The festival atmosphere is definitely here. People are friendly and welcoming, you can chat with anyone and, of course, everybody can enjoy a common interest of playing games. The warez and pornography sharing that was rife when I attended previously has all but vanished. Whether that is down to better security from Multiplay - like the fact that you need to have a badge on at all times to enter or exit - or merely the fact that with broadband, people can download illegal things at home, I honestly couldn't say. What is pleasing, though, is that it has stopped, as this was certainly a grey area which could have seen the events ended by the police.
Pleasingly, some of the best bits about the event have remained. Domino's Pizza is still on hand to deliver pizzas direct to your desk and by the sea of empty boxes I found in certain areas prove this is still as popular as ever. There are other food stands if you fancy buying overpriced pork and apple sauce sandwich (£5.50 – I am not joking) as well as other stalls selling various peripherals and tools for gaming and modding.
Nothing prepared me for the pig stacking stand. At this stall, sponsored by Crucial, the challenge was to stack as many rubber pigs as is humanly possible in a minute whilst competing with a fellow pig stacker. I managed to win in my attempt, stacking 15 inches of pink, pig goodness – the prize was a 1GB memory stick – always useful.
The other stands I visited were even more interesting. I was tempted over to Scan booth by two beautiful babes
to find a wealth a treasure cove of cool looking PC's. I particularly liked the Chameleon case that changes colour as it heats up. As you can see from the pictures there were plenty of watercooled systems on display, and if you're into case modding but not sure where to start, I'd certainly say this is a great place to come.
Scan weren't the only ones to be showcasing cases. Every third gamer seemed to have his own personal case. The ambience of a darkened room full of luminous cases is pretty cool and, again, if you're into modding it's certainly a great place to go. People weren't just using their PCs as a way of expressing themselves. One chap had a grenade attached to his microphone that looked pretty cool, and another guy was dressed in nothing but a leopard skin apron, reminiscent of Jamie Oliver's Naked Chef.
The tournament isn't just about having a jolly though, as there is some serious money to be won. The combined prize fund this tournament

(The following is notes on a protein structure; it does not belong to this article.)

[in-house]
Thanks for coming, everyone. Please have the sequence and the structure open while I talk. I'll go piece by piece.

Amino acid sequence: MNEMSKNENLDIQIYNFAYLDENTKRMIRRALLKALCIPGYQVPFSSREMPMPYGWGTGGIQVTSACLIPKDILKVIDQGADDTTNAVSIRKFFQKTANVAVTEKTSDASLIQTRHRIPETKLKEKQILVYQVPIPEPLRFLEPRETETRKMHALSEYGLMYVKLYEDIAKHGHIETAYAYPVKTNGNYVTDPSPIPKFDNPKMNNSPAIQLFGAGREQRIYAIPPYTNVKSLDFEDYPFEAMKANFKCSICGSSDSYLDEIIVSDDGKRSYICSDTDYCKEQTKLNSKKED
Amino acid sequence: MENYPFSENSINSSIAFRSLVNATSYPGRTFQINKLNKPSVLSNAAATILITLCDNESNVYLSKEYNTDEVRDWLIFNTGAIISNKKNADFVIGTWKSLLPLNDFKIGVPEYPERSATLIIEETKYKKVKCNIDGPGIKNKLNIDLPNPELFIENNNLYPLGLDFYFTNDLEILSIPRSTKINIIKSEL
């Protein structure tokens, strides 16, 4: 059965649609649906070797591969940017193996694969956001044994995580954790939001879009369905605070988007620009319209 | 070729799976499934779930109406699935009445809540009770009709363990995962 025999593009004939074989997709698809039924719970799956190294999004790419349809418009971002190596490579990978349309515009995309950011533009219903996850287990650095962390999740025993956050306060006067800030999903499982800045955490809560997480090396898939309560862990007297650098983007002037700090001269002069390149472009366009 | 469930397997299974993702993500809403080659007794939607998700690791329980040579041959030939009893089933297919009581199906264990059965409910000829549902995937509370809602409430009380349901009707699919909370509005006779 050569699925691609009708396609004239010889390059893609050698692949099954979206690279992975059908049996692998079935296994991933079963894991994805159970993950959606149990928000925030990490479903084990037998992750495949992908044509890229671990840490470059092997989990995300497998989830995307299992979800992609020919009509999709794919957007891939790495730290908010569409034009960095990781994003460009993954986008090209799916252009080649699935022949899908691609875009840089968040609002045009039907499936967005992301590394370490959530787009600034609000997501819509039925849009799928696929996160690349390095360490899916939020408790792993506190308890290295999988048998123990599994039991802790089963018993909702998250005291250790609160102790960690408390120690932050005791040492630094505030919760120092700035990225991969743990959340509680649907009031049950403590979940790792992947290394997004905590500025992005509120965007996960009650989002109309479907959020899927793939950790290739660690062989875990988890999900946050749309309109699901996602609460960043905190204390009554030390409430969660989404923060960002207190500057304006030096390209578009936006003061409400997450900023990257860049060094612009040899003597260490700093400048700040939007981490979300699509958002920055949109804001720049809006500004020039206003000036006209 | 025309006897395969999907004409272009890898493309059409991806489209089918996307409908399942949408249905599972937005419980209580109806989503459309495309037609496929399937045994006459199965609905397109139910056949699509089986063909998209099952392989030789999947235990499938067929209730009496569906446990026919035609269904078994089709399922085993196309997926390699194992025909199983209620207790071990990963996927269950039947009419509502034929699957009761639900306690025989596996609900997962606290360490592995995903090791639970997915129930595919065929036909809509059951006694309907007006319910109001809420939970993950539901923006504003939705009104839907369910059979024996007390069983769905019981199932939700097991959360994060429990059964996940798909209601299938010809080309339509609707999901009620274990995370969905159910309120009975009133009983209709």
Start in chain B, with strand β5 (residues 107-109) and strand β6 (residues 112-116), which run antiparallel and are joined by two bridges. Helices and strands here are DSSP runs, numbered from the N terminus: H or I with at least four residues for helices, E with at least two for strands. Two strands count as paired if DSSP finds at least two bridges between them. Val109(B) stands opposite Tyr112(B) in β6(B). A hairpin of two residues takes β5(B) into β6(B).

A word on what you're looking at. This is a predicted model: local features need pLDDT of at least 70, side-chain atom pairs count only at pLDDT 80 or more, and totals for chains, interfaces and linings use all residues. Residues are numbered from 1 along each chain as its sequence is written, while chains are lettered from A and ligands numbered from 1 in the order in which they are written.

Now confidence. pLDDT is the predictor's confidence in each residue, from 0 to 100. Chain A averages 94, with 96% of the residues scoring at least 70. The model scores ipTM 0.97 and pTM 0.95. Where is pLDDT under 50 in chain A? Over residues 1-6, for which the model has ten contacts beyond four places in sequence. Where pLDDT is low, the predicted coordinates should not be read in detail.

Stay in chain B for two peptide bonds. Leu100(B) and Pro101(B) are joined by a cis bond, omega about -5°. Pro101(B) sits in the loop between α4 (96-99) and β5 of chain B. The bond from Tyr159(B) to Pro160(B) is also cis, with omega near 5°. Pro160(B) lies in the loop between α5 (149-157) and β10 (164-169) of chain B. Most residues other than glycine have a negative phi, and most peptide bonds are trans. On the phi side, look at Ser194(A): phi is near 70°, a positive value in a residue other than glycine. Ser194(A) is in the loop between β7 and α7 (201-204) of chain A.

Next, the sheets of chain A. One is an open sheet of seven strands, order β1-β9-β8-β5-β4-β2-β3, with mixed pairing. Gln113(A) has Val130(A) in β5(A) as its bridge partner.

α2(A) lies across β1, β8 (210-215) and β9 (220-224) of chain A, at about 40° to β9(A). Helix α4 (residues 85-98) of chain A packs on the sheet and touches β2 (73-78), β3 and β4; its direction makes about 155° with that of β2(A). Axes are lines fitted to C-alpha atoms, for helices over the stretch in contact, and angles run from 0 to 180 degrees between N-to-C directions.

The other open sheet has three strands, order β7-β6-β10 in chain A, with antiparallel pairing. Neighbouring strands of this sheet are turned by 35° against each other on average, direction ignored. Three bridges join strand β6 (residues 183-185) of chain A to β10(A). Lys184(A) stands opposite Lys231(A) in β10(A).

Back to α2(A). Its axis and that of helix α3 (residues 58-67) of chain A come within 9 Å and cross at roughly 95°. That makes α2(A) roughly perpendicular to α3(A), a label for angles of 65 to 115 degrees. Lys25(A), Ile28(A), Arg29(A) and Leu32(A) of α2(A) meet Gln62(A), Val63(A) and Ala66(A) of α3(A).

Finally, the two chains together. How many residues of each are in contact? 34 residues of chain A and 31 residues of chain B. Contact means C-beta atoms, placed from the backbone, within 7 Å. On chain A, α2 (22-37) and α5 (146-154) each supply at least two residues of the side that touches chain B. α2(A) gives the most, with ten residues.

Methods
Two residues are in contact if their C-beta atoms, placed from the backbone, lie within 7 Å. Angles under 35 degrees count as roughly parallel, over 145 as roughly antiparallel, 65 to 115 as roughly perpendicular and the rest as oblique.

was £20,000, with Counter-Strike Source offering the most lucrative rewards. As far as the results
go, multi-gaming team Dignitas
walking away with the top prizes in Call of Duty 2, Battlefield 2142, Battlefield 2 and Need For Speed Carbon. Counter-Strike Source was won by temp.css (a Dutch team), whilst Quake 4 was won by Dutch player Forever.
Future of the LAN
I got the chance to speak with Forever and asked him how he felt about the festival vibe of the event. "I didn't sleep here," he said. "I spent the night in the Hilton as I am a pro player. I need to have at least 8 hours sleep if I am to have a chance of winning the tournament."
Overall, though, he felt the event was great for gaming: "I haven't had a chance to speak to many gamers but it looks like everyone is having fun and it is good to see lots of companies involved with making this a success." You would say that after you picked up a cool £1,000 for two days work, though, wouldn't you?
So what is the future for these events? With a new competitor arriving on the scene in the shape of a super size gaming cafe network, I asked Craig Fletcher, founder of Multiplay whether he was worried about the future of his company. "I don't see how the LAN cafes will really challenge us. We are a festival that celebrates gaming and they will never be able to match us in terms of size," he remarked. "I personally don't see how their business plan will work out. We'll have to wait and see."
These new gaming centres, which are being headed up by ex-professional gamer Sujoy Roy
, are designed to be able to host 400 gamers at any one time. With plans to have one centre established in Birmingham and one in London, the future of LAN gaming in Britain could be heading in a very different direction. For now, though, the gamers at Insomnia have had a stonking time - any almost all are getting prepared for the trip back next time.